All you need to know about Woody Allen

By Verne Gay

THE FILM "Woody Allen: A Documentary" on "American Masters"

WHEN | WHERE Sunday and Monday at 9 p.m. on WNET/13.

REASON TO WATCH Allen, who gave his full participation.

WHAT IT'S ABOUT Produced by Robert B. Weide -- something of a potentate himself who's a leading expert on the Marx Brothers and producer of "Curb Your Enthusiasm" -- this film covers Allen's entire life and career. Every major film is discussed, with observations by Allen, his many collaborators, stars and critics. Even a few minutes Monday are devoted to the seismic split with Mia Farrow, over his affair with her adopted daughter, Soon-Yi Previn (neither are interviewed here). Of the media deluge at the time, Allen says: "Believe it or not, I didn't think I was that famous to warrant such coverage. . . . Apparently it was a good juicy story [and] took a little edge off my natural blandness."

MY SAY "Woody Allen: A Documentary" is a sprawling, rich, generous and most of all entertaining portrait that fans will luxuriate in. Those critics of Allen who post-Farrow deciphered his films as some sort of twisted commentary on his psyche? Not so much.

Yes, it's balanced on the fulsome side of the scale, but one doesn't come to an "American Masters" treatment for the skeletons. These are celebrations of vaunted careers, and Weide has convincingly established -- for those who may actually need convincing -- that there's much to celebrate.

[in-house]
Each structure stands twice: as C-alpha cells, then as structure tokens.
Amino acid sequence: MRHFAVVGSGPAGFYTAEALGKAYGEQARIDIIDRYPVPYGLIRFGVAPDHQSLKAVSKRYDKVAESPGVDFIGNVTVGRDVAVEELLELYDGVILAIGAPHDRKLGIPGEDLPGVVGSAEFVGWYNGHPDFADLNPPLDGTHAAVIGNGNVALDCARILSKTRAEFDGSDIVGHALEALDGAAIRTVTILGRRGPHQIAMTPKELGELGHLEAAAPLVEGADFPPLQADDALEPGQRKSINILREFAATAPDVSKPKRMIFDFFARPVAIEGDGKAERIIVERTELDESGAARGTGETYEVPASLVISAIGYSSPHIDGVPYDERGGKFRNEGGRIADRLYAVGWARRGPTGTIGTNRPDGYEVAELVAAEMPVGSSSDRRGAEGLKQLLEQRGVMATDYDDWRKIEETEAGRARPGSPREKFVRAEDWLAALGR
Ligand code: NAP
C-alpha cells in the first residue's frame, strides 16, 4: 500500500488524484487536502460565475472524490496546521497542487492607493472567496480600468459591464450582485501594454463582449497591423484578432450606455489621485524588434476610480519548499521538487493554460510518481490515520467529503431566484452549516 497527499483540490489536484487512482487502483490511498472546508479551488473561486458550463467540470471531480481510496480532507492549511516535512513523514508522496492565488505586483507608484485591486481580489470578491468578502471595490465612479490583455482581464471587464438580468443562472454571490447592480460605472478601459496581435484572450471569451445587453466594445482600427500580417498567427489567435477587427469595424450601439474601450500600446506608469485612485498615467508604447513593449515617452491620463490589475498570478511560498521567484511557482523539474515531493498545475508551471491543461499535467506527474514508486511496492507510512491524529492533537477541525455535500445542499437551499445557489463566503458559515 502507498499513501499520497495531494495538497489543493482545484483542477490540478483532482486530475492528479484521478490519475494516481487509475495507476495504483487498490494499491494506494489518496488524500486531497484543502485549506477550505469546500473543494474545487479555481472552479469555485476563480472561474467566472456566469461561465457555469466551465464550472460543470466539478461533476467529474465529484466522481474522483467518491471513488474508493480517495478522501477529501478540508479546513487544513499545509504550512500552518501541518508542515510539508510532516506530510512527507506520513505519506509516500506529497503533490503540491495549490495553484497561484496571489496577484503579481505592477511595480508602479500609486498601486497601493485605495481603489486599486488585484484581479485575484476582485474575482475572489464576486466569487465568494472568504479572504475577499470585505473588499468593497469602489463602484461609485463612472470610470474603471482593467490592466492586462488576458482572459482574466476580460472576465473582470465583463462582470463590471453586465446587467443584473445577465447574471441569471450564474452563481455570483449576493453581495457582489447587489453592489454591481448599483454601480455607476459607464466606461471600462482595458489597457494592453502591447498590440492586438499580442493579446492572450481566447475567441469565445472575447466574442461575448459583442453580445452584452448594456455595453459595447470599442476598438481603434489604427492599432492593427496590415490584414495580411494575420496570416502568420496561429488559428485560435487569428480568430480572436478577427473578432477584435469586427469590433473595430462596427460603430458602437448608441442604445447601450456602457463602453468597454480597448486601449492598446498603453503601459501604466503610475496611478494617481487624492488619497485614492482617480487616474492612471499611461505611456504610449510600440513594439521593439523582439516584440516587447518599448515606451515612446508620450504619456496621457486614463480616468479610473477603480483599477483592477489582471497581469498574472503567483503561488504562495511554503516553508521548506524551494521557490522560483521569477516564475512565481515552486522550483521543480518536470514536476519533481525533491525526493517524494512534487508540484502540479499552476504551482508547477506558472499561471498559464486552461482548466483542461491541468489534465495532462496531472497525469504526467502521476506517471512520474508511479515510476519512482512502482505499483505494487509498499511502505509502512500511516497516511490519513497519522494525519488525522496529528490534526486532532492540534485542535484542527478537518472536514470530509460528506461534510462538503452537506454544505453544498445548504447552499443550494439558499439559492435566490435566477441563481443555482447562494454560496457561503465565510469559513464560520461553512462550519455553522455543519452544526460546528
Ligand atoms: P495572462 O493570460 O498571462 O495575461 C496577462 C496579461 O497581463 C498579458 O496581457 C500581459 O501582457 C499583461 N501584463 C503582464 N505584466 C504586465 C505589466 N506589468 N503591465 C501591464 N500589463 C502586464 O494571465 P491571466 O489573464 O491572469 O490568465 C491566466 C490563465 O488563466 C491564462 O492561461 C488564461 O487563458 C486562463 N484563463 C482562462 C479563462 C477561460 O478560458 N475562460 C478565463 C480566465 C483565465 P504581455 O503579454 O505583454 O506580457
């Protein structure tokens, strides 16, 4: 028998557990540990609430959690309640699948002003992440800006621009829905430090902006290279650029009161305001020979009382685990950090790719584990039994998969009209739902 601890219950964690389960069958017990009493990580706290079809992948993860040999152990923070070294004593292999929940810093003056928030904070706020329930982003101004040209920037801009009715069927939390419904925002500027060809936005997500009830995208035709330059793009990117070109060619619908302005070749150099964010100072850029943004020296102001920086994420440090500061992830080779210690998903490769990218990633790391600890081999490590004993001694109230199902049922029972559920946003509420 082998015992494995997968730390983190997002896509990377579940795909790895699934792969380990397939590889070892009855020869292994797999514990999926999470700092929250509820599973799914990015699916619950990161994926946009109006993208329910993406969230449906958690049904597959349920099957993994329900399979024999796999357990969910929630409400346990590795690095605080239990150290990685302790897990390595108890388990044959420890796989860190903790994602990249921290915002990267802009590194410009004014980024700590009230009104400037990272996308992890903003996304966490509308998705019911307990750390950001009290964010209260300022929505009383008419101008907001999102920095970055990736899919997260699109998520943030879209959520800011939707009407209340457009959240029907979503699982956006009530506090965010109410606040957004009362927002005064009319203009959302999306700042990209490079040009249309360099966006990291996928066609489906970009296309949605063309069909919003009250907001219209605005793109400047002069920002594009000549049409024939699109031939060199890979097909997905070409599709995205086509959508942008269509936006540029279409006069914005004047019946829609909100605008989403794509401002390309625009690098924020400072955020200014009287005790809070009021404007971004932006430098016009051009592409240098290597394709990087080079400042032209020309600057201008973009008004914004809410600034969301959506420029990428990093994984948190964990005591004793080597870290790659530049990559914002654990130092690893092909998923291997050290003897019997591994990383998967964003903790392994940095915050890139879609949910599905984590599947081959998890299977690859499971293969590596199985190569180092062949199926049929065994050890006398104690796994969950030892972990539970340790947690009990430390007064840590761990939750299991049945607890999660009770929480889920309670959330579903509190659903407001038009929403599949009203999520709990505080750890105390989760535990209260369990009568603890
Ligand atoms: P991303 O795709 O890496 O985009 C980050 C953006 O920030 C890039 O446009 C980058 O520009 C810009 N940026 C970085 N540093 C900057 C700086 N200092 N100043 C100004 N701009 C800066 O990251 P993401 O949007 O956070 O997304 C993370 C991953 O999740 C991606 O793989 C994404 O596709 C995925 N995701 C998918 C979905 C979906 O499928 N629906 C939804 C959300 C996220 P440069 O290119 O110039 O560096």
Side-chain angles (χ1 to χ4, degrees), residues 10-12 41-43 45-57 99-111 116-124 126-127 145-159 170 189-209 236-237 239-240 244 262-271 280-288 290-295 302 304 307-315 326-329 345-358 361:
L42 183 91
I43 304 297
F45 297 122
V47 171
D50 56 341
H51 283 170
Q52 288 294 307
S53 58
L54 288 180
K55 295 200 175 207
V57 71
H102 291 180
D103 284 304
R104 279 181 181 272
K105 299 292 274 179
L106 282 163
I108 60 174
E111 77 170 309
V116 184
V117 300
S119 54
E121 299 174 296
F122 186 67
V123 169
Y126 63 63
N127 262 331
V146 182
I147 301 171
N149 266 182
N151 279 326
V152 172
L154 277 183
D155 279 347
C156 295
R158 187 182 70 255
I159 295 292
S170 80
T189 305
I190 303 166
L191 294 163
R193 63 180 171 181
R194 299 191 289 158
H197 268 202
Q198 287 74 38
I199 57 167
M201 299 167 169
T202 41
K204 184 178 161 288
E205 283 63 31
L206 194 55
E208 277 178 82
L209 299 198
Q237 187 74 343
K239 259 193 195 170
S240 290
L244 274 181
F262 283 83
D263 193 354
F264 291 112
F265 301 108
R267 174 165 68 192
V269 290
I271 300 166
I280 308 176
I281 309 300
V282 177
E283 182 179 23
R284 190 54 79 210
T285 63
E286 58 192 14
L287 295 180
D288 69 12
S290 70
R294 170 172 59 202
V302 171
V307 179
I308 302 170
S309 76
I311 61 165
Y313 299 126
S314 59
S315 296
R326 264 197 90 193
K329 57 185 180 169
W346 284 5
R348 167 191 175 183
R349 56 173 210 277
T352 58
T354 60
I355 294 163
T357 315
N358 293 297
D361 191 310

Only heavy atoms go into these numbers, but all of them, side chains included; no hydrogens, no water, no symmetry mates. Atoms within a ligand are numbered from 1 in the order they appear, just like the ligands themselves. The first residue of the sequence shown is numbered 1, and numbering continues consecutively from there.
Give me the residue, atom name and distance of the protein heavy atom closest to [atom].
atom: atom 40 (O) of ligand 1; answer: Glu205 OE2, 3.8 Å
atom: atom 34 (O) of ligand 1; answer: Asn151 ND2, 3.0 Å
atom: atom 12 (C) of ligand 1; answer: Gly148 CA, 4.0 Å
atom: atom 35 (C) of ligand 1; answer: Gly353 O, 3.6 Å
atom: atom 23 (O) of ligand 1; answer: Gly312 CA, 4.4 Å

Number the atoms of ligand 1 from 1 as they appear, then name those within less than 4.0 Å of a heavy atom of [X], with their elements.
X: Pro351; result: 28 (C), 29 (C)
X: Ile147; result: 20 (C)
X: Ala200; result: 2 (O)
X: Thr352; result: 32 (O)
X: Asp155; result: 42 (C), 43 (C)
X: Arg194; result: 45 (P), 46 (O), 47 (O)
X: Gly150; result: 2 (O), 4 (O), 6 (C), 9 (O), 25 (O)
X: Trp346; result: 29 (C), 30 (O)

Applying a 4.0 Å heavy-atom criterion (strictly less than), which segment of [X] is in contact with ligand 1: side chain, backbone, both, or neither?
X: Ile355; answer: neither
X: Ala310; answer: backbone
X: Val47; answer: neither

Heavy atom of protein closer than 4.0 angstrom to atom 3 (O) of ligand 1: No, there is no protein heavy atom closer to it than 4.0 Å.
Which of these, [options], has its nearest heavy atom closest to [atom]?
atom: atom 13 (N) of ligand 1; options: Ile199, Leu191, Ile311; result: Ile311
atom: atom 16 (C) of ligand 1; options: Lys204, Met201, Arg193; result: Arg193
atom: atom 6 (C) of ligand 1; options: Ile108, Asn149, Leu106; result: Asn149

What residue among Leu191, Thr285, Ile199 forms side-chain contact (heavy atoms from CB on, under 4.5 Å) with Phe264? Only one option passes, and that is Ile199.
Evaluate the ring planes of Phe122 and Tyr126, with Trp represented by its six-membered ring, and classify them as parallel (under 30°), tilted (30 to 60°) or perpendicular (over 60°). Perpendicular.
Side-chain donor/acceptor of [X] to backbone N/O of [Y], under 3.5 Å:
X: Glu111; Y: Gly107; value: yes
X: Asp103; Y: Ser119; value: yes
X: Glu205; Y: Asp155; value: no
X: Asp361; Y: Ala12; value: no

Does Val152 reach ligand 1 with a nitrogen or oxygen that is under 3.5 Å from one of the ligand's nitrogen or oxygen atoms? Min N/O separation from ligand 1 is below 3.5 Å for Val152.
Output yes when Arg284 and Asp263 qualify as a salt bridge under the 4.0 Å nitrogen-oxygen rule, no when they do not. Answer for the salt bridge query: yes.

What's best here are the endless details devoted to Allen's creative process, as musician, stand-up, actor, writer and director. He works on an ancient Olympic typewriter that lost its metal cover years ago; in a bedside drawer he has stashed papers on which he has scrawled hundreds of ideas for movies (and revisits them often); in casting matters, he would sometimes -- oftentimes -- spend just about 10 seconds with an actor before making a decision; as a director, Allen was and is a minimalist, too, telling his stars they needed to hurry up so he could get to a Knicks game. Says he: "I'm influenced by Groucho Marx, Bob Hope and Ingmar Bergman. There's not rationality to it. . . . "

BOTTOM LINE Sunday ends after the release of "Manhattan," Monday goes up to "Midnight in Paris." Barely a wasted minute.


woody collage